All (Not) Quiet on Ukraine’s Eastern Front

All (Not) Quiet on Ukraine’s Eastern Front

Revolutionaries in Kiev are cheering the ouster of Ukrainian President Viktor Yanukovych, but elsewhere in the country a backlash is not so quietly brewing between the country’s pro-Western protest movement and those who would much rather see the country remain in Russia’s orbit.

Throughout the crisis in Ukraine, analysts have made much of the divide between the country’s Ukrainian-speakers in the west and its Russian-speakers in the east. That division has fueled much of the conflict that resulted in Yanukovych’s departure from office over the weekend and serves as the basis of the existential question at the root of the crisis: Will Ukraine hitch its fortunes to the West and the European Union or move deeper into the Russian orbit?

Yanukovych’s support is particularly strong in Crimea, a region where ethnic Russians constitute a majority of the population, and on Tuesday the speaker of the regional parliament issued a strident call in support of Crimean autonomy. "I share your anxiety and concern about the future of Crimea," Vladimir Konstantinov, a member of Yanukovych’s Party of Regions, said. "I declare that I’m not going anywhere and will be here with you. We will fight for an autonomous republic until the end."

A Russian parliamentary delegation visiting the Crimean city of Simferopol on Tuesday welcomed the potential move. "If the parliament of the Crimean autonomy or its residents express the wish to join the Russian Federation, Russia will be prepared to consider this sort of application," said Leonid Slutsky, the head of the delegation. "We will be examining the situation and doing so fast." According to Ukrainian media reports, Russian authorities in Crimea have begun issuing passports following expedited procedures.

The push for quasi-independence comes after days of protests in Crimea, where Yanukovych is widely rumored to be hiding from authorities seeking his arrest. Many there vocally oppose the revolution in Kiev and vocally favor closer ties with Russia. In Sevastopol, which hosts a large Russian naval base, some 10,000 people gathered on Sunday and called for "Mother Russia" to save them from the "fascists" in Kiev.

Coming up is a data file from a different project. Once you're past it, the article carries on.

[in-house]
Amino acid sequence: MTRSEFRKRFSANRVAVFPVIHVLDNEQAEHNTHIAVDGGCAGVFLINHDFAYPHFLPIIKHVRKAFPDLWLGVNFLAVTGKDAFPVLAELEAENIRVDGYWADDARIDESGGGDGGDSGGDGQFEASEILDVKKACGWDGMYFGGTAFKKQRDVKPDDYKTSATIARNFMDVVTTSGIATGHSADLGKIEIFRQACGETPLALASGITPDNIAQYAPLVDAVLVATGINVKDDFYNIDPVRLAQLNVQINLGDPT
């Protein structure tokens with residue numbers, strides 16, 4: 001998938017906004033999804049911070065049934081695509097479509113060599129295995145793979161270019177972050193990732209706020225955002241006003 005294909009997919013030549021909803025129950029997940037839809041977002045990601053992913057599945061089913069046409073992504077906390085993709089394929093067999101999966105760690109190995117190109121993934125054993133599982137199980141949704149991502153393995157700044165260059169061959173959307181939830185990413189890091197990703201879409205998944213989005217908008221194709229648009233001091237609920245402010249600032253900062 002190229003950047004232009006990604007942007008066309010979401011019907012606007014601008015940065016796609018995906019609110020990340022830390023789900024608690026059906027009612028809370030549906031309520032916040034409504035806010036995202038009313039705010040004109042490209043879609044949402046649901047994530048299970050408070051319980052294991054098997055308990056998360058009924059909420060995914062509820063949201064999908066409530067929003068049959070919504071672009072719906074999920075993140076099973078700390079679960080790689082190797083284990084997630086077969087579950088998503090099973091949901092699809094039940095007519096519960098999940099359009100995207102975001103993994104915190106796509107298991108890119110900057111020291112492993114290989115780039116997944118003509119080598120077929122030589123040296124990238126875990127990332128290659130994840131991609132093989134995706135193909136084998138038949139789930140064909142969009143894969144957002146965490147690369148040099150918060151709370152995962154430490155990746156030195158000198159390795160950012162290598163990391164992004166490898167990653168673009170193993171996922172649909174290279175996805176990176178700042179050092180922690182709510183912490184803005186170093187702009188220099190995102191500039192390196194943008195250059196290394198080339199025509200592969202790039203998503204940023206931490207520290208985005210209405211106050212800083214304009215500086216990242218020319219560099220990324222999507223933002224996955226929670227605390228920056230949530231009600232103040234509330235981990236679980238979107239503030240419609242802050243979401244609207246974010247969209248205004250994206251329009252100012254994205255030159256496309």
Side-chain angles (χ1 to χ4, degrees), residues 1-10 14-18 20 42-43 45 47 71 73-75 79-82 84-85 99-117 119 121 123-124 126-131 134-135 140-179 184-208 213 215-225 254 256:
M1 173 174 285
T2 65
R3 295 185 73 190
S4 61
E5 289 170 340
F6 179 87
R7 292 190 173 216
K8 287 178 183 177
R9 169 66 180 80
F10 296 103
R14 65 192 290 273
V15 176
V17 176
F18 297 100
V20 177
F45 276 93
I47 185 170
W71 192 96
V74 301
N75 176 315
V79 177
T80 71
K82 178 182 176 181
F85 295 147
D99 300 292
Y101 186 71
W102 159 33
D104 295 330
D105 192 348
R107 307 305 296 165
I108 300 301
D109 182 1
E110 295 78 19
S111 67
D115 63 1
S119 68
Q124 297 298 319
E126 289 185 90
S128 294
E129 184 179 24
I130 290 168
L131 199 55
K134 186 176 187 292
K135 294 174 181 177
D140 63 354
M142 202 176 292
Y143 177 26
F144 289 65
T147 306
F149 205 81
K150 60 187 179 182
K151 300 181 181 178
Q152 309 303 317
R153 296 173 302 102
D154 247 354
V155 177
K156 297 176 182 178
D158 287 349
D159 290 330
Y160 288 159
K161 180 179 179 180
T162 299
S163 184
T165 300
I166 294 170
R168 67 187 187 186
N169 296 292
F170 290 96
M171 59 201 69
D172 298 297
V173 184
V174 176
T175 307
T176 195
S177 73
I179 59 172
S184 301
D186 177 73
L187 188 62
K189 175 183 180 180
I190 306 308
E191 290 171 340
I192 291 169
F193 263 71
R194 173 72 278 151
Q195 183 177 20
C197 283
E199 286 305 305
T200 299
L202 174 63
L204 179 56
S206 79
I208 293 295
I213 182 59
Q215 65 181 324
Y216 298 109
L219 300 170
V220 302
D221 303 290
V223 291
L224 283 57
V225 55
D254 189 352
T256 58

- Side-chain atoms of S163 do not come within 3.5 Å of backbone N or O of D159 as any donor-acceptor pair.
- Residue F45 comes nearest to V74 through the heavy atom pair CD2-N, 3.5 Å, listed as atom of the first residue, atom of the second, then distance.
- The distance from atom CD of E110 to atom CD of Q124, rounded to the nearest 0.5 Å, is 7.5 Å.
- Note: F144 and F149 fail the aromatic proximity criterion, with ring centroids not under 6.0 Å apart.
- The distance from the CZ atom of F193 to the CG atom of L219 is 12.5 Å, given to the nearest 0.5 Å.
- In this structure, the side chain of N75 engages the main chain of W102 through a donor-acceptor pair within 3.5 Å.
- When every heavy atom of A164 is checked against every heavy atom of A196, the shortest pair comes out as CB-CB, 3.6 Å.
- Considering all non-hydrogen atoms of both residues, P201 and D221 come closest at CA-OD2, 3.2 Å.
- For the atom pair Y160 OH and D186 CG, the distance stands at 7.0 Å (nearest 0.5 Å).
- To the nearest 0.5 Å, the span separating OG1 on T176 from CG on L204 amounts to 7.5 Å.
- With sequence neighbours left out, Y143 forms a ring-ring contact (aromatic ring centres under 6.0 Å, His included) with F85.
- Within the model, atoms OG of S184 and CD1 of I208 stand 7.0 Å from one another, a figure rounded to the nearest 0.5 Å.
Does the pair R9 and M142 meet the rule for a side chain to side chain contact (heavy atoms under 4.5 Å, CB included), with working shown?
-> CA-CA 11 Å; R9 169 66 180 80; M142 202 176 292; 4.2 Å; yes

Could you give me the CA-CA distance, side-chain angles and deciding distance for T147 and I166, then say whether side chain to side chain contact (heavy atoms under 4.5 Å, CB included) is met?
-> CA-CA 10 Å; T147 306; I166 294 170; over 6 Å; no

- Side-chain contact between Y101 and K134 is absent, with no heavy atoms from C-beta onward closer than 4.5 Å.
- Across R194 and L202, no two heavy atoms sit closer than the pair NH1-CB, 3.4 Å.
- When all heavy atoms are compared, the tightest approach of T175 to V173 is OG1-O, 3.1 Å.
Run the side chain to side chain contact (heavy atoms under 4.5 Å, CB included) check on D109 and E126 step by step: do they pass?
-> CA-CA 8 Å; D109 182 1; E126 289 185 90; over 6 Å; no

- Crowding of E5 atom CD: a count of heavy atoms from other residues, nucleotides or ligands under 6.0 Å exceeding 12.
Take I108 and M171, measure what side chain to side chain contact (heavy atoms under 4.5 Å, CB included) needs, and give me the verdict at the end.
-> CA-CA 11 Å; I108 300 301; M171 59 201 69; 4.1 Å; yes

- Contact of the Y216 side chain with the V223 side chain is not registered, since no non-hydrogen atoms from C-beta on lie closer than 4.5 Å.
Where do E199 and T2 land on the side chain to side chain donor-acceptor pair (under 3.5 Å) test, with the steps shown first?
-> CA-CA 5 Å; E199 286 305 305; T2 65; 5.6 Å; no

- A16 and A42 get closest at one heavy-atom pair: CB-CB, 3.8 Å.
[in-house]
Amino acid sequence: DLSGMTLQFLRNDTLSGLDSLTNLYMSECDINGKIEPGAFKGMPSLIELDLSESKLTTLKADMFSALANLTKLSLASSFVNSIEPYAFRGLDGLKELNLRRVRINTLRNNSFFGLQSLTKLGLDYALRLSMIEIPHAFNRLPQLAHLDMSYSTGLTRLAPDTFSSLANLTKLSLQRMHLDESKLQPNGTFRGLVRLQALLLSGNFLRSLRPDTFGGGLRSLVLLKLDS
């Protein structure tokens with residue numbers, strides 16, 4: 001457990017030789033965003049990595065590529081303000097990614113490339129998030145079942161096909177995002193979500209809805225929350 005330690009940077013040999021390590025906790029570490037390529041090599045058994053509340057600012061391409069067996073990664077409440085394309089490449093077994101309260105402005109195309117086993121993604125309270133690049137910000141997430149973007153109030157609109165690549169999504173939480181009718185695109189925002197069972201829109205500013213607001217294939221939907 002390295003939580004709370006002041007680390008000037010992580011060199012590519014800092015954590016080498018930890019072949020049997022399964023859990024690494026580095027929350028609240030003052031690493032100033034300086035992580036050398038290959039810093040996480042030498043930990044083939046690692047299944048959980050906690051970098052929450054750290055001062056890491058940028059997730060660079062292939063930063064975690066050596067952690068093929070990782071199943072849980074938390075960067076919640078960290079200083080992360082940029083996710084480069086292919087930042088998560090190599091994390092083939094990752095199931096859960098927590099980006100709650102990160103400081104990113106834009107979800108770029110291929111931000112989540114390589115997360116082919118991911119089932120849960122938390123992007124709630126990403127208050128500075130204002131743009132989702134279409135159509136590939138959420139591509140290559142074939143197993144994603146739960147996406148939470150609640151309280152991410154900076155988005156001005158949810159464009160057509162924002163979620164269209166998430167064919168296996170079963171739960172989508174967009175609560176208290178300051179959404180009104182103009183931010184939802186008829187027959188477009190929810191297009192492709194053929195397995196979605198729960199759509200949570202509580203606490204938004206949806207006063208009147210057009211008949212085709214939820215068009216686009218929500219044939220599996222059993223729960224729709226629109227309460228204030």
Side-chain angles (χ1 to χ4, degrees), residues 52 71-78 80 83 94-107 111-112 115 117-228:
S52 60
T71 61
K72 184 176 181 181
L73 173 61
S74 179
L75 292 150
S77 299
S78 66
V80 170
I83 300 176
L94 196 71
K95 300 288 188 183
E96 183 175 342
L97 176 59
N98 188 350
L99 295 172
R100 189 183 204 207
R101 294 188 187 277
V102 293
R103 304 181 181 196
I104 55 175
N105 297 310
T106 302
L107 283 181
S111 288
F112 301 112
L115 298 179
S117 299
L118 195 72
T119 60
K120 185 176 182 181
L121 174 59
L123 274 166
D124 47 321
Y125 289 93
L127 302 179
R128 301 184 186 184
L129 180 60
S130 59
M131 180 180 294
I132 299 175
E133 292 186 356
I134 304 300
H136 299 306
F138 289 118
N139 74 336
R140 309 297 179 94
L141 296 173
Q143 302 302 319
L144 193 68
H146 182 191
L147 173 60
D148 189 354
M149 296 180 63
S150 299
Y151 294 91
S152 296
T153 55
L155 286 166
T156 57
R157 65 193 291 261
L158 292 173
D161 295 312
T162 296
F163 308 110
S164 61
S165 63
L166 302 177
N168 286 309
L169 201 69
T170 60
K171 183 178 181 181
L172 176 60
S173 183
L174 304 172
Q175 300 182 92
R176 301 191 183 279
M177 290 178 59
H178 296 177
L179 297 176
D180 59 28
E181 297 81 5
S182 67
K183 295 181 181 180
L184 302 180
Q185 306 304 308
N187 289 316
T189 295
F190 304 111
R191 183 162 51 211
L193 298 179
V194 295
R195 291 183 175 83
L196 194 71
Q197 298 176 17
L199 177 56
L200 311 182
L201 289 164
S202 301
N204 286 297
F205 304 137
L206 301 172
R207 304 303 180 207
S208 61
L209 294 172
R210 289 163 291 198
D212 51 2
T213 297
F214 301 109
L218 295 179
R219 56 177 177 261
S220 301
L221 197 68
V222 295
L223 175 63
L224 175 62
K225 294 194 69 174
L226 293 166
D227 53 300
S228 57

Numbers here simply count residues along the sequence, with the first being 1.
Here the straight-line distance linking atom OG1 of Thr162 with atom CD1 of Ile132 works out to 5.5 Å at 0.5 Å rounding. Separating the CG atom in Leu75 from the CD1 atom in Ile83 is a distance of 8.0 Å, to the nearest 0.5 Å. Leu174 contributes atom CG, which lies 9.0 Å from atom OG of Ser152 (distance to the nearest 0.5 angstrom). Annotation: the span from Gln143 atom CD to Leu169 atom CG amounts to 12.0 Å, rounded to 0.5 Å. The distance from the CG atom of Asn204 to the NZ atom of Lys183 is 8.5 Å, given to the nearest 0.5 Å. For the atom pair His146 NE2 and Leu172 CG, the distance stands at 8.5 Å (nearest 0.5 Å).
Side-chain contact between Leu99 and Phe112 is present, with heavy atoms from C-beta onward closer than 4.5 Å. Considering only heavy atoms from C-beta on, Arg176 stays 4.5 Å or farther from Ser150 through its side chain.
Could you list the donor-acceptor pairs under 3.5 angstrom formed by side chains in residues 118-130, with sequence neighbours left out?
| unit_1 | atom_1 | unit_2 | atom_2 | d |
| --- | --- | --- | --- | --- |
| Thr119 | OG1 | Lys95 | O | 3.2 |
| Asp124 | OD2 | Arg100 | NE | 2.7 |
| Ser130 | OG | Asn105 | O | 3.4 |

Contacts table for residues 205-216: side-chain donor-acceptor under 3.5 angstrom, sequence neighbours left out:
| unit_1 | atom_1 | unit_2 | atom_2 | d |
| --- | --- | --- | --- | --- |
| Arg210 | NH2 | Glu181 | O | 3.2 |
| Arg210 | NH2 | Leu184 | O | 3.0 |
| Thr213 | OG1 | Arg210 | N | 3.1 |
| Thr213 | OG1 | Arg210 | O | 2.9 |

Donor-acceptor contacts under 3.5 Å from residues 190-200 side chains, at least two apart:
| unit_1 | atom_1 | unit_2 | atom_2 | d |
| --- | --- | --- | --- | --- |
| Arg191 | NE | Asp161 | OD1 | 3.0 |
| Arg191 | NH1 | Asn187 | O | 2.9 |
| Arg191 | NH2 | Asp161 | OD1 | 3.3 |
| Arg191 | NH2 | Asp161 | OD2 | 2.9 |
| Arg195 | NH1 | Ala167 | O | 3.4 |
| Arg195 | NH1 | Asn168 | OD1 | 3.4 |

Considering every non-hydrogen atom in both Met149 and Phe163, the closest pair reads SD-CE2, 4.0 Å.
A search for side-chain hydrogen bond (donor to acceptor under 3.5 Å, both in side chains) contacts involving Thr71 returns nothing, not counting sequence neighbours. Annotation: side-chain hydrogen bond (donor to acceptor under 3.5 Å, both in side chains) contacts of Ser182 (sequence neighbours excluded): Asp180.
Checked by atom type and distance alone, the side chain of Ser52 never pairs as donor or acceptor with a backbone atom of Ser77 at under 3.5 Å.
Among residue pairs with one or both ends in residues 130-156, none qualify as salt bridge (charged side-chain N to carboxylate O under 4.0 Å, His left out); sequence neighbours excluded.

In this video from Sevastopol on Saturday, police can be seen cordoning off pro-Russian demonstrators and supporters of the Maidan protesters — the revolutionaries’ ubiquitous moniker, which takes after the Kiev square that serves as their headquarters — in order to prevent clashes.

Thousands of demonstrators in Sevastopol and elsewhere in the east have questioned the true motivations of the Maidan protesters, accused the Ukrainian parliament of carrying out a coup when it removed Yanukoych from power, and called for closer relations with Russia. The differences between the two halves of Ukraine can be seen as well as heard. While Kiev has been draped for the past months with the blue-and-yellow national colors of Ukraine (and, coincidentally, the European Union), demonstrators in Sevastopol hung up a Russian flag on the city council’s building.

Key leaders in eastern Ukraine have signaled a willingness to cut ties with Kiev and the West, raising the grim prospect of the country’s possible disintegration. On Saturday, members of parliament from eastern Ukraine, regional authorities, and local council members met in the eastern city of Kharkiv and voted to take control of their territories, though they denied that they wanted to secede from the rest of the country. Mikhaylo Dobkin, the regional governor, said during the meeting: "We’re not preparing to break up the country. We want to preserve it."

On Monday, Dobkin announced that he would run for president in the upcoming elections, currently scheduled for May 25. The justification for his run speaks to the deep divisions in Ukrainian society. Dobkin said that he had arrived at his decision to seek the presidency "given the fact that the rights of Russian-speaking people are suppressed."

The Russian Foreign Ministry has broadly endorsed that sentiment, issuing a series of scathing tweets on Tuesday decrying alleged Western meddling in Ukraine. 

Outspoken opposition among Russian-speakers in Ukraine’s east to the revolution in Kiev has raised fears that Russia may use the guise of protecting those nominal Russians as justification for an invasion — not unlike Moscow’s decision to deploy the Russian military into Georgia in 2008 and seize territory which it continues to hold. "He did this all before in South Ossetia and Abkhazia," warned former Georgian President Mikheil Saakashvili, referring to the breakaway provinces of his country that Russia moved to protect during its 2008 invasion of Georgia. "He is issuing passports, he will want to stage provocations, use his fleet to block the passage connecting Crimea with the rest of Ukraine and establish a Russian corridor."  Saakashvili was in office at the time of the Russian invasion.

But Ukraine’s division between a Russian-speaking east and a pro-Europe west is not quite as clear cut as some commentators have argued. In Kharkiv, thousands of supporters of the Kiev protesters showed up on Saturday in the eastern city of Kharkiv to counter pro-Russian protests. Supporters of the Maidan movement also put in an appearance in the Crimean city of Sevastopol on Saturday. And these were not the first Maidan protests in that part of the country. Since the anti-government upheaval began in November, sympathetic demonstrations have occurred in several eastern cities.